Sanford J. Poger Trust v. Jake Zimmerman, Assessor St Louis County

July 11th, 2016

State Tax Commission of Missouri


Complainant, )  
v. ) Appeal No. 15-13588
Respondent. )  






The assessment made by the Board of Equalization of St. Louis County (BOE) is AFFIRMED. Complainant Sanford J. Poger Trust, Sanford J. Poger, Trustee, (Complainant) did not present substantial and persuasive evidence to rebut the presumption of correct assessment by the BOE.  Assessed value in money for the subject property for tax years 2015 and 2016 is set at $78,090 residential ($411,000 true market value or TMV).

Complainant appeared by attorney Sanford J. Poger, Trustee.

Respondent appeared by attorney Steven Robson, Assistant County Counselor.

Case heard and decided by Senior Hearing Officer Amy S. Westermann.


Complainant appealed on the ground of overvaluation and discrimination. Respondent initially set the TMV of the subject property, as residential property, at $411,000.  The BOE sustained Respondent’s valuation.  The Commission takes this appeal to determine the true value in money of the subject property on January 1, 2015.

The Senior Hearing Officer, having considered all of the competent evidence upon the whole record, enters the following Decision and Order.


  1. Jurisdiction. Jurisdiction over this appeal is proper.  Complainant timely appealed to the State Tax Commission.
  2. Evidentiary Hearing. The issue of overvaluation was presented at an evidentiary hearing, which was held on March 30, 2016,[1] at the St. Louis Government Administration Building, 41 South Central Avenue, Clayton, Missouri.  Prior to the start of the hearing, the presiding Senior Hearing Officer addressed pre-hearing matters that had been brought to her attention by the parties. Both Complainant and Respondent were represented by attorneys.  Off the record, Complainant had indicated that he was not prepared to present evidence regarding the discrimination claim at the hearing.  The parties agreed that the two issues in the appeal, overvaluation and discrimination, would be bifurcated and that evidence for only the overvaluation claim would be presented at the March 30, 2016, hearing.  The parties further agreed that Complainant would file within 60 days of March 30, 2016, a written notice of Complainant’s intent to prosecute the discrimination claim and notice of whether Complainant would obtain an expert in statistical analysis to assist with the claim.   The Senior Hearing Officer then began the evidentiary hearing on the overvaluation claim and recited, on the record, the parties’ agreement regarding Complainant’s filing of a written notice of his intent to prosecute the discrimination claim and to use of an expert in statistical analysis.  The parties acknowledged, on the record, that this was their agreement.  Complainant, on the record, asked the Senior Hearing Officer to repeat the agreement, which she did.  Complainant did not file a written notice of intent to prosecute the discrimination claim within 60 days of March 30, 2016; therefore, the record in the appeal was closed, and the appeal was taken under advisement.[2]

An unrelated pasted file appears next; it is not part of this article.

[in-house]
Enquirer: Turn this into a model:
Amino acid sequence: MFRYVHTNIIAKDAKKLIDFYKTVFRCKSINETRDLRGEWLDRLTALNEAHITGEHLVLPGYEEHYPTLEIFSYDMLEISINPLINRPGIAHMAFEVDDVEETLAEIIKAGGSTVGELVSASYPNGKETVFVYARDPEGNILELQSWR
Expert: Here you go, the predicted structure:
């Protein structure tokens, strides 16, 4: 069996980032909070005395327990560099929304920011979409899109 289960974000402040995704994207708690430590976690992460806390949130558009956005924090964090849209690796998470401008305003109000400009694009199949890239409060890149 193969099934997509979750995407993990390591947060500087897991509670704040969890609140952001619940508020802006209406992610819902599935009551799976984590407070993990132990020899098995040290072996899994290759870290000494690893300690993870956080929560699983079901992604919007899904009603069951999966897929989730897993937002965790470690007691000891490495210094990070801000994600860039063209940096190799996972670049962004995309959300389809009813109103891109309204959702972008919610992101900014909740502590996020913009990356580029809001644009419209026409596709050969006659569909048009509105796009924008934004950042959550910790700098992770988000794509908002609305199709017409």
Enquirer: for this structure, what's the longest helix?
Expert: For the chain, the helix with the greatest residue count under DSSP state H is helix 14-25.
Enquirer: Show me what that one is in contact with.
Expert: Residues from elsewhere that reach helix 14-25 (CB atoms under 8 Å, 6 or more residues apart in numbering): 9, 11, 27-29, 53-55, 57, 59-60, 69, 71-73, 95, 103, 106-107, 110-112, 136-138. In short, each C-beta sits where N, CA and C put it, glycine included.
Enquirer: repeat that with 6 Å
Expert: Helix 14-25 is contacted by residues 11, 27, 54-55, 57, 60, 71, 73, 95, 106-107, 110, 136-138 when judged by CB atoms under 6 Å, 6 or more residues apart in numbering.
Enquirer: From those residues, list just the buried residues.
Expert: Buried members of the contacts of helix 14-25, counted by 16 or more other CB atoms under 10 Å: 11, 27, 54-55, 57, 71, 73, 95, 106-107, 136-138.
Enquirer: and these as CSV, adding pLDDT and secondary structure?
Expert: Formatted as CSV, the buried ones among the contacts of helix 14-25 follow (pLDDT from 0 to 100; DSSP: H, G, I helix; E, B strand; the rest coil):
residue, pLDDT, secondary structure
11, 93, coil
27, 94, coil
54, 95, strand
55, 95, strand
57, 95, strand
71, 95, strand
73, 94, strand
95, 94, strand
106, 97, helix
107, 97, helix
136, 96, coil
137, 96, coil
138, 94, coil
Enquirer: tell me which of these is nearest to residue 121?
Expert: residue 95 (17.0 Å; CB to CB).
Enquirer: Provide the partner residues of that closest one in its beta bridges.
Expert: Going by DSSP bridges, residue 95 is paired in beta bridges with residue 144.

3. Identification of Subject Property. The subject property is identified by parcel/locator number 18K622429.  It is further identified as 500 North and South Road, Unit #302, University City, St. Louis County, MO.  (Complaint; Exhibit 1).
  4. Description of Subject Property. The subject property consists of a 2,150 square foot, single-family, garden style, condominium residence built in 2000.  (Exhibit 1)  The subject property includes two bedrooms; 2-1/2 bathrooms; a gas furnace and water heater; central air conditioning; a two-car garage; a balcony; and one fireplace.  The exterior is masonry and frame construction.  (Exhibit 1)
  5. Assessment. Respondent set a TMV of $411,000 residential, as of January 1, 2015.
  6. Board of Equalization. The BOE sustained Respondent’s TMV of the subject property.
  7. Complainant’s Evidence. Complainant testified in his own behalf.  Complainant also offered two handwritten sheets of paper containing notes and mathematical computations, which were marked as Exhibit A and Exhibit B.

Exhibit A purported to show a list of five comparable sales researched by Complainant. Complainant testified that the he had obtained the information regarding the comparable sales from St. Louis County’s records and from Respondent’s Exhibit 1, which was the appraisal report of Respondent’s appraiser.  Respondent did not object to Exhibit A, which was received into evidence.